Although words like "best" and "ultimate" are fun to throw around, of course there is no objectively best camera out there for a beginner. But to me, the Yashica Mat 124G is pretty close for a variety of reasons. From its handling to price, there is a lot to appreciate in this little gem. Here are some of my favorite features and why I think a person starting out in film photography might be in hog heaven with the little Yashica.
Fun, fun, fun
First and foremost, this camera is fun. It's all manual except for the light meter, which is practically useless anyway. But as soon as you open a TLR (twin lens reflex) camera, you're almost guaranteed to smile. The world is just different when you're looking down onto the ground glass. And even though, historically, I've been a fan of prisms over waist-level viewfinders, the simplicity of this camera won me over. It's lightweight, simple to load, and easy to grab and go. Just lock the shutter, throw it in a bag, and head out for a day of shooting. It has a sharp, fixed 80mm (50mm equivalent in 35mm style cameras) f/3.5 lens, aperture and shutter speed controls, and a quiet leaf shutter that can sync at all speeds.
Also, I believe the best way to get excited about trying something new is to make sure it's very different from what you were doing before. Using a TLR is novel. The viewfinder is big. The image on the ground glass is reversed laterally. It's entirely different to hold this camera than a 35mm style camera. There's a definite learning curve involved, but the camera is so simple and fun that it should keep you interested.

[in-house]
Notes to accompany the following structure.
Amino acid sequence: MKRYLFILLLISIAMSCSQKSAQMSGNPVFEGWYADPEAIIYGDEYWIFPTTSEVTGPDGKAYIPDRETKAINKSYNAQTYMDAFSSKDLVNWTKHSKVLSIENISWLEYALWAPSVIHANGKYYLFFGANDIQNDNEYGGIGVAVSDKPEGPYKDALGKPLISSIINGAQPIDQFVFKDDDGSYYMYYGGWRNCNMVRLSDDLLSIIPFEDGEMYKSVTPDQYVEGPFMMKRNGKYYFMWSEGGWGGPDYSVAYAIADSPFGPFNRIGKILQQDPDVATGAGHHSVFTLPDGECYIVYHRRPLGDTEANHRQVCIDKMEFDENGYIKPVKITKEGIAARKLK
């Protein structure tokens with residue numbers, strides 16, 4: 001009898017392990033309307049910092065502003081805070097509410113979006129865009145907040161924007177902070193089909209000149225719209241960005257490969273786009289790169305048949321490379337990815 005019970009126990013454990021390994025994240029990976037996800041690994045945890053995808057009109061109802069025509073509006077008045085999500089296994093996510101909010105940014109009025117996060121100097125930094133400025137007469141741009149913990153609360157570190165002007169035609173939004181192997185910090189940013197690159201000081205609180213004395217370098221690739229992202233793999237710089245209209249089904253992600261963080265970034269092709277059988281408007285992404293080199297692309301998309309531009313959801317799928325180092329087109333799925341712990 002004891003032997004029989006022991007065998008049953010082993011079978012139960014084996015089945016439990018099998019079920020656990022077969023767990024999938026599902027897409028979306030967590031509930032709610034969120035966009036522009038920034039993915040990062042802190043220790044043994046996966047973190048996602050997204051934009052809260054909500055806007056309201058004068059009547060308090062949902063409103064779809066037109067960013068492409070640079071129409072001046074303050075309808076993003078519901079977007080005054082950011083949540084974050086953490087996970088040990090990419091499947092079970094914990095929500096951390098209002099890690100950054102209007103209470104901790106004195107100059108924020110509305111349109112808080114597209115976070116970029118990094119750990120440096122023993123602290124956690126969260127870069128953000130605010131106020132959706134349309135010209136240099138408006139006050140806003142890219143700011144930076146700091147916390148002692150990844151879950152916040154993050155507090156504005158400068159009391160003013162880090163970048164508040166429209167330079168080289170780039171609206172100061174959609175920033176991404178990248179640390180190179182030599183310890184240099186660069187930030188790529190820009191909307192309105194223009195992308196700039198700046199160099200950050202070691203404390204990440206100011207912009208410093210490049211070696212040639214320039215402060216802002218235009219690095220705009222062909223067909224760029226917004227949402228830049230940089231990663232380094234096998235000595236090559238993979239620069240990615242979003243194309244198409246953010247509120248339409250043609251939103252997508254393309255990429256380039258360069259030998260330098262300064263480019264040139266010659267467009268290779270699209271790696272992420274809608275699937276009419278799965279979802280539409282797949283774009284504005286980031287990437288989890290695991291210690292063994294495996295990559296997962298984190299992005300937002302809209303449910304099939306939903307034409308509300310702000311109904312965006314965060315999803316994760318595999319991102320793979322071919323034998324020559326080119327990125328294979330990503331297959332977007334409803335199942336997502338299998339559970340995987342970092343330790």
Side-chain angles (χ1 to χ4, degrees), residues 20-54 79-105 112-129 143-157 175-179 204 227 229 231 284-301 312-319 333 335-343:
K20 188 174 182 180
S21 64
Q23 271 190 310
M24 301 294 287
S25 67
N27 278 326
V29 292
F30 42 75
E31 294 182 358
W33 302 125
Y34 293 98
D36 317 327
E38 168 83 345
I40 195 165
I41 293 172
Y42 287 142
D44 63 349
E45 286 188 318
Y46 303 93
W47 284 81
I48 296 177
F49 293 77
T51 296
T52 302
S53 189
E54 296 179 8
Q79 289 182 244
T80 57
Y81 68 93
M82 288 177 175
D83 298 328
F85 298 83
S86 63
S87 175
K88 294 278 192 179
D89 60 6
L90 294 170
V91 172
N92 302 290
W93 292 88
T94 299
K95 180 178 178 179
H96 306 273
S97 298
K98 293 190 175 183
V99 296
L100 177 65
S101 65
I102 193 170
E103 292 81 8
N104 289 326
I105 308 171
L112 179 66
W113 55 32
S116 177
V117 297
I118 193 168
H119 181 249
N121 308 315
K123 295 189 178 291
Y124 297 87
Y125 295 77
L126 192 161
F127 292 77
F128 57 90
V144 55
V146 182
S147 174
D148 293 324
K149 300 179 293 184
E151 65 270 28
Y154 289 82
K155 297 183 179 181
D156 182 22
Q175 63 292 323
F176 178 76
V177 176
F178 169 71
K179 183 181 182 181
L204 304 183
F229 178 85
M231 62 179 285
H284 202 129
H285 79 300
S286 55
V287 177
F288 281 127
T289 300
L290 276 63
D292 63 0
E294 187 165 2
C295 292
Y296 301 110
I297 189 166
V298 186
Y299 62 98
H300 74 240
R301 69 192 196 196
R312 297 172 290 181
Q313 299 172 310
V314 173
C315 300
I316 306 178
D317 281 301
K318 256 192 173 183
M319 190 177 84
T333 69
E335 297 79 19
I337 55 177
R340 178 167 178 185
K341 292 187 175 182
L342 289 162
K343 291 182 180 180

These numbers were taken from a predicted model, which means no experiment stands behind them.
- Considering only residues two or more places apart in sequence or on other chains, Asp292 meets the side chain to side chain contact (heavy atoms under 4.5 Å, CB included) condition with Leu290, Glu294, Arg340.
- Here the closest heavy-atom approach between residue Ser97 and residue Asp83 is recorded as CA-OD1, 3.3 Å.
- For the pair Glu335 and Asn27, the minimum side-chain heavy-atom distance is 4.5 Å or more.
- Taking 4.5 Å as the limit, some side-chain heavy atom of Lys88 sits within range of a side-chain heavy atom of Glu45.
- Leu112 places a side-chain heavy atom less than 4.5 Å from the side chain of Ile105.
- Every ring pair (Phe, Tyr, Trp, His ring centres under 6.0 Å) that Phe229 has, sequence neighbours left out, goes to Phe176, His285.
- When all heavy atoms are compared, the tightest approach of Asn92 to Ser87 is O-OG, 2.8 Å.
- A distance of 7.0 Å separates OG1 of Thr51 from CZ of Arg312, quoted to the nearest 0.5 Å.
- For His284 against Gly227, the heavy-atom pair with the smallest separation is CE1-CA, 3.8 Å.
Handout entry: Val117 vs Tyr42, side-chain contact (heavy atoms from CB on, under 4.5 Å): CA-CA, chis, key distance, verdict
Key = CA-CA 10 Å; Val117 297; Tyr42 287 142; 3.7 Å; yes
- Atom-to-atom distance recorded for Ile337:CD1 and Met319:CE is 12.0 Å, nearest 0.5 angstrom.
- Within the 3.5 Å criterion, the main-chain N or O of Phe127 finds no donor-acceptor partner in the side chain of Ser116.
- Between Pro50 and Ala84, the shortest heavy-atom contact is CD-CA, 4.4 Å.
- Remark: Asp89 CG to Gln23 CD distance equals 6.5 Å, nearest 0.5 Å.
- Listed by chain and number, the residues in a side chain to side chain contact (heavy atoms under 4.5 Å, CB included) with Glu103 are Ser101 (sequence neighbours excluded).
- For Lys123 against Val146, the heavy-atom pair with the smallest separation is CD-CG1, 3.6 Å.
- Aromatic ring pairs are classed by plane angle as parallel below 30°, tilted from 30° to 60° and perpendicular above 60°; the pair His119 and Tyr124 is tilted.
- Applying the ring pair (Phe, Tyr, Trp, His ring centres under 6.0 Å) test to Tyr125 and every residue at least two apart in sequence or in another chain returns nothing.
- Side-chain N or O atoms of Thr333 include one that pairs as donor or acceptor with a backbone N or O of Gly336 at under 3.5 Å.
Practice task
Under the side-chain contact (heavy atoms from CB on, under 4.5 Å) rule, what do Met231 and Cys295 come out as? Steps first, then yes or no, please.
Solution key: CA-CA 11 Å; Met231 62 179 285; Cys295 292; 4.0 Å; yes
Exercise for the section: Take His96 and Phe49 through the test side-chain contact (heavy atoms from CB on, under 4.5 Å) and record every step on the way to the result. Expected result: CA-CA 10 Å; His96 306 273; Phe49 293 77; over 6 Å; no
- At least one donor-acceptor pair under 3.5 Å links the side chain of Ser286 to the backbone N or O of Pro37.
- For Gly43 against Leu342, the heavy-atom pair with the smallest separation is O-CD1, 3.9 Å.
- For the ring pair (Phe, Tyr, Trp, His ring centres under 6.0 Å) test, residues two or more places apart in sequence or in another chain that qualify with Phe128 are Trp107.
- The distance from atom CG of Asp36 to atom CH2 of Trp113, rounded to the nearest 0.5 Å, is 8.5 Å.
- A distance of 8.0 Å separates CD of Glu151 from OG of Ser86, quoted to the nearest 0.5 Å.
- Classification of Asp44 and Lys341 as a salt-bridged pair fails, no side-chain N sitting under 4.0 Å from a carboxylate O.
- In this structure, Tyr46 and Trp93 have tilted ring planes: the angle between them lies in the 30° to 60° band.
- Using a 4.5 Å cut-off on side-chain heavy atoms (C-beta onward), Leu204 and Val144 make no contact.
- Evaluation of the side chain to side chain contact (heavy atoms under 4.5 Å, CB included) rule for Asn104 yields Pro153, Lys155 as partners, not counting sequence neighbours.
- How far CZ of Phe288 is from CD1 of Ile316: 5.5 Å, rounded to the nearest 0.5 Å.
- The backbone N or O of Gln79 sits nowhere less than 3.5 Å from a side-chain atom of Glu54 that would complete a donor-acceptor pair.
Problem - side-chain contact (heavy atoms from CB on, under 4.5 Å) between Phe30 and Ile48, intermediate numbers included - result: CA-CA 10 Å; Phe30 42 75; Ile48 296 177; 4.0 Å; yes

It's a Conversation-Starter
I don't know about you, but I love speaking to other photographers and people who are interested in photography. I find that networking and trading stories helps build my passion for the art. When you break out this puppy, you're guaranteed to get some looks. People will talk to you about the camera, and because it's so unusual looking by today's standards, people are more likely to pose for you. Seriously. I find that the more unusual the camera, the easier it is to convince a stranger to sit for you. That said, if you're into getting that candid moment, it might be tough because people will see you coming from a mile away.
The shop I borrowed the camera from, Englewood Camera, had it for about $250. You just can't beat that. If you're thinking of sticking your toes in the waters of film, a low barrier to entry is a definite bonus. Also, because these cameras are older, they've already depreciated; and should you decide to sell it, you can likely get back exactly what you paid for it.
If you've been toying with the idea of getting a film camera, definitely give a Yashica Mat 124G a chance. You really can't go wrong with it. Check out the video above for my more in-depth review of the body and its workings! If you have any questions or comments about my experience with the Yashica, sound off below!